University of Applied Sciences Europe
“A little boy went out to play. When he opened his door, he saw the world. As he passed through the doorway, he caused a reflection. Evil was born. Evil was born, and followed the boy.“ (An “Old Tale” from David Lynch’s “Inland Empire” told by Visitor #1.)
According to the French psychoanalyst Jaques Lacan the view of one’s self changes, in fact is only even possible at all, after the child starts to recognize itself in the mirror.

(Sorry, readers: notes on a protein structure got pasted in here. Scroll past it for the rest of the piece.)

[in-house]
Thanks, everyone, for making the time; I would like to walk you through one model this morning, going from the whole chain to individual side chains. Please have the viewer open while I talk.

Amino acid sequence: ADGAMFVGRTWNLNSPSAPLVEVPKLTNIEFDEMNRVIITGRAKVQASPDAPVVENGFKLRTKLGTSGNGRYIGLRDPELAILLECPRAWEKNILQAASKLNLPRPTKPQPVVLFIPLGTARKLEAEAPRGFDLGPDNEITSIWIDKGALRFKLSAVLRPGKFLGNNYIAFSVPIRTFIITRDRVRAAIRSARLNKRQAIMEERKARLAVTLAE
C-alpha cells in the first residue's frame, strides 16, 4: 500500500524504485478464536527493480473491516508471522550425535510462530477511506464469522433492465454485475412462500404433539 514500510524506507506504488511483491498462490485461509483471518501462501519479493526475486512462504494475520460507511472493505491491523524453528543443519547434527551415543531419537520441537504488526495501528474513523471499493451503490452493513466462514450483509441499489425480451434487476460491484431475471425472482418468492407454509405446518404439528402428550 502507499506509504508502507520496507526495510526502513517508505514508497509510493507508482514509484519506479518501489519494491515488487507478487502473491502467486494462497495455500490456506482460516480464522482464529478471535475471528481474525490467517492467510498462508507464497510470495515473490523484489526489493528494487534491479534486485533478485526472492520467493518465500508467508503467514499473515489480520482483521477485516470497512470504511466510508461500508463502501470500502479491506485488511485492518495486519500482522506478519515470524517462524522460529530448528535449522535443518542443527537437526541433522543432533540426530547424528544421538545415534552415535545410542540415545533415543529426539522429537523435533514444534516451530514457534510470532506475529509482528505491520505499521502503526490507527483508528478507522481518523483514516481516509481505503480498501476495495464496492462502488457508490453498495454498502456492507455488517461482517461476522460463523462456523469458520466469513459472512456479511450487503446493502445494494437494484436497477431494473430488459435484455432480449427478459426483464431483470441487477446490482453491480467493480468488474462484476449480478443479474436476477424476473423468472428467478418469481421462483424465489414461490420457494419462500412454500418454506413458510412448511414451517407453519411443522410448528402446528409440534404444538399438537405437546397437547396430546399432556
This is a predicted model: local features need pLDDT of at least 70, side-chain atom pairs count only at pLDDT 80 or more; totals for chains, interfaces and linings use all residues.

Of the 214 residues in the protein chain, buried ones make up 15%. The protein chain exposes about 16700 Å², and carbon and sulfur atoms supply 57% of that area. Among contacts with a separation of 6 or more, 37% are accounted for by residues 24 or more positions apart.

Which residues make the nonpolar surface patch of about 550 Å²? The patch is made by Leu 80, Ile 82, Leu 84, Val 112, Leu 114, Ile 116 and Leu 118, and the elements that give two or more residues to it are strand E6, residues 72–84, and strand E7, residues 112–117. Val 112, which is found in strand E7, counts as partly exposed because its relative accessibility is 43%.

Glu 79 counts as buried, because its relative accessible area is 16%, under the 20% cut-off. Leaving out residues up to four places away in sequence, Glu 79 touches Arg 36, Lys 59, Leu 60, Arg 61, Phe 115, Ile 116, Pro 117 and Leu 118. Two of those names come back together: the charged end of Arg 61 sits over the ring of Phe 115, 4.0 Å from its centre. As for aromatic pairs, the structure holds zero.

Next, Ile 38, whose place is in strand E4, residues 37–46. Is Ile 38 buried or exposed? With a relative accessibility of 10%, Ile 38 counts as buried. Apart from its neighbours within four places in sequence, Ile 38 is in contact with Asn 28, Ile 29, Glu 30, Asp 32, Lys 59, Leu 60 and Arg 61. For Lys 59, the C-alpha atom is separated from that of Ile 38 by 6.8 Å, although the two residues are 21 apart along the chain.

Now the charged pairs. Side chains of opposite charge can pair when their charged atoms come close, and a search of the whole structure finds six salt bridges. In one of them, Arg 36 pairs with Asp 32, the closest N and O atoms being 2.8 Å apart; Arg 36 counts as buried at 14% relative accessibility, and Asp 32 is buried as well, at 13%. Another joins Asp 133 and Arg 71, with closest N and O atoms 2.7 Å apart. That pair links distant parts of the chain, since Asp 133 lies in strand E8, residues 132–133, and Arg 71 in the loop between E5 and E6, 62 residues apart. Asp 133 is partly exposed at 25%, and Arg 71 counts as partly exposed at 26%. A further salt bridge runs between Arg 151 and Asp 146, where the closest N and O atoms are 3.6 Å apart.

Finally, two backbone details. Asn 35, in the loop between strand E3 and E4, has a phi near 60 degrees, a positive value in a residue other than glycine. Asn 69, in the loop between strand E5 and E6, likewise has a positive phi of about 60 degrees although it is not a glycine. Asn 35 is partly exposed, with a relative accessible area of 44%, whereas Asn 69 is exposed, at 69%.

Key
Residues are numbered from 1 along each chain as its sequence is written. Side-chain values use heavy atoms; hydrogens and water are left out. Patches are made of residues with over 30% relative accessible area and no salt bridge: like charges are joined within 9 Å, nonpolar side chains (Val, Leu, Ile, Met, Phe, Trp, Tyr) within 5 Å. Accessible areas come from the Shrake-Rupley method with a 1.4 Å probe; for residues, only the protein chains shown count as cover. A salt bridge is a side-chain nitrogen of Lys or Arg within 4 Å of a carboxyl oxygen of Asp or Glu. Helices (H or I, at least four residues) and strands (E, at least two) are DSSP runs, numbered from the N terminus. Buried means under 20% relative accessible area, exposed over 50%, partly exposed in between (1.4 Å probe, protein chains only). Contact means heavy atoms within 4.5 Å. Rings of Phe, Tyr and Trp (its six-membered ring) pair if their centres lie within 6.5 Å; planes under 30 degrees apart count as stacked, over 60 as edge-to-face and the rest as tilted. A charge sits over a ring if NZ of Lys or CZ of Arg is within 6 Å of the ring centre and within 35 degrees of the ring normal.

The child’s experience of unity with themselves through bringing together its object image in the mirror and its subject- being is at first only imagined or thought, however it already implies a separation of the world in terms of a previously non-existent possibility of distinguishing in I and non-I. Only later in youth this experience of “not to be world” is transformed into feelings. But the recognition in the mirror is a misrecognition at the same time and the beginning of alienation. The child starts to identify with something that it does not feel and was not before, namely with its total form of the body, at a place where it is not existing – in the mirror. This results in division of the subject in “moi” the ideal ego and “je”, the social ego. Therefore, the well-known Lacanian formulation: “Le je n‘est pas le moi.” The loss, being incomplete and separated, is the trigger of the child‘s desire. Since the split it wants to be complete again and attempts to fill this gap in the subject with objects. But this lack however can never be ultimately fulfilled – the object remains an always already lost and unattainable thing. Thus it is clear that a return to the “paradisiacal” original primitive state of unity with the world is not possible. The development of the ego in the order of recognition/misrecognition, separateness/ alienation, lack, and the impossibility of fully returning to the original state of the unit, forms the basis of ADAM. Lacan says that these stages of development can never be completely fulfilled or overcome and remain latent as a trace so that the possibility of regression is always there. Reverberated on the viewer, I think of it as follows: regression through identification and identification by self-reflection. Since I left my home I have dealt intensely with ideas of identity and its relation to my past; thus ADAM can be understood as a portrait with autobiographical aspects.
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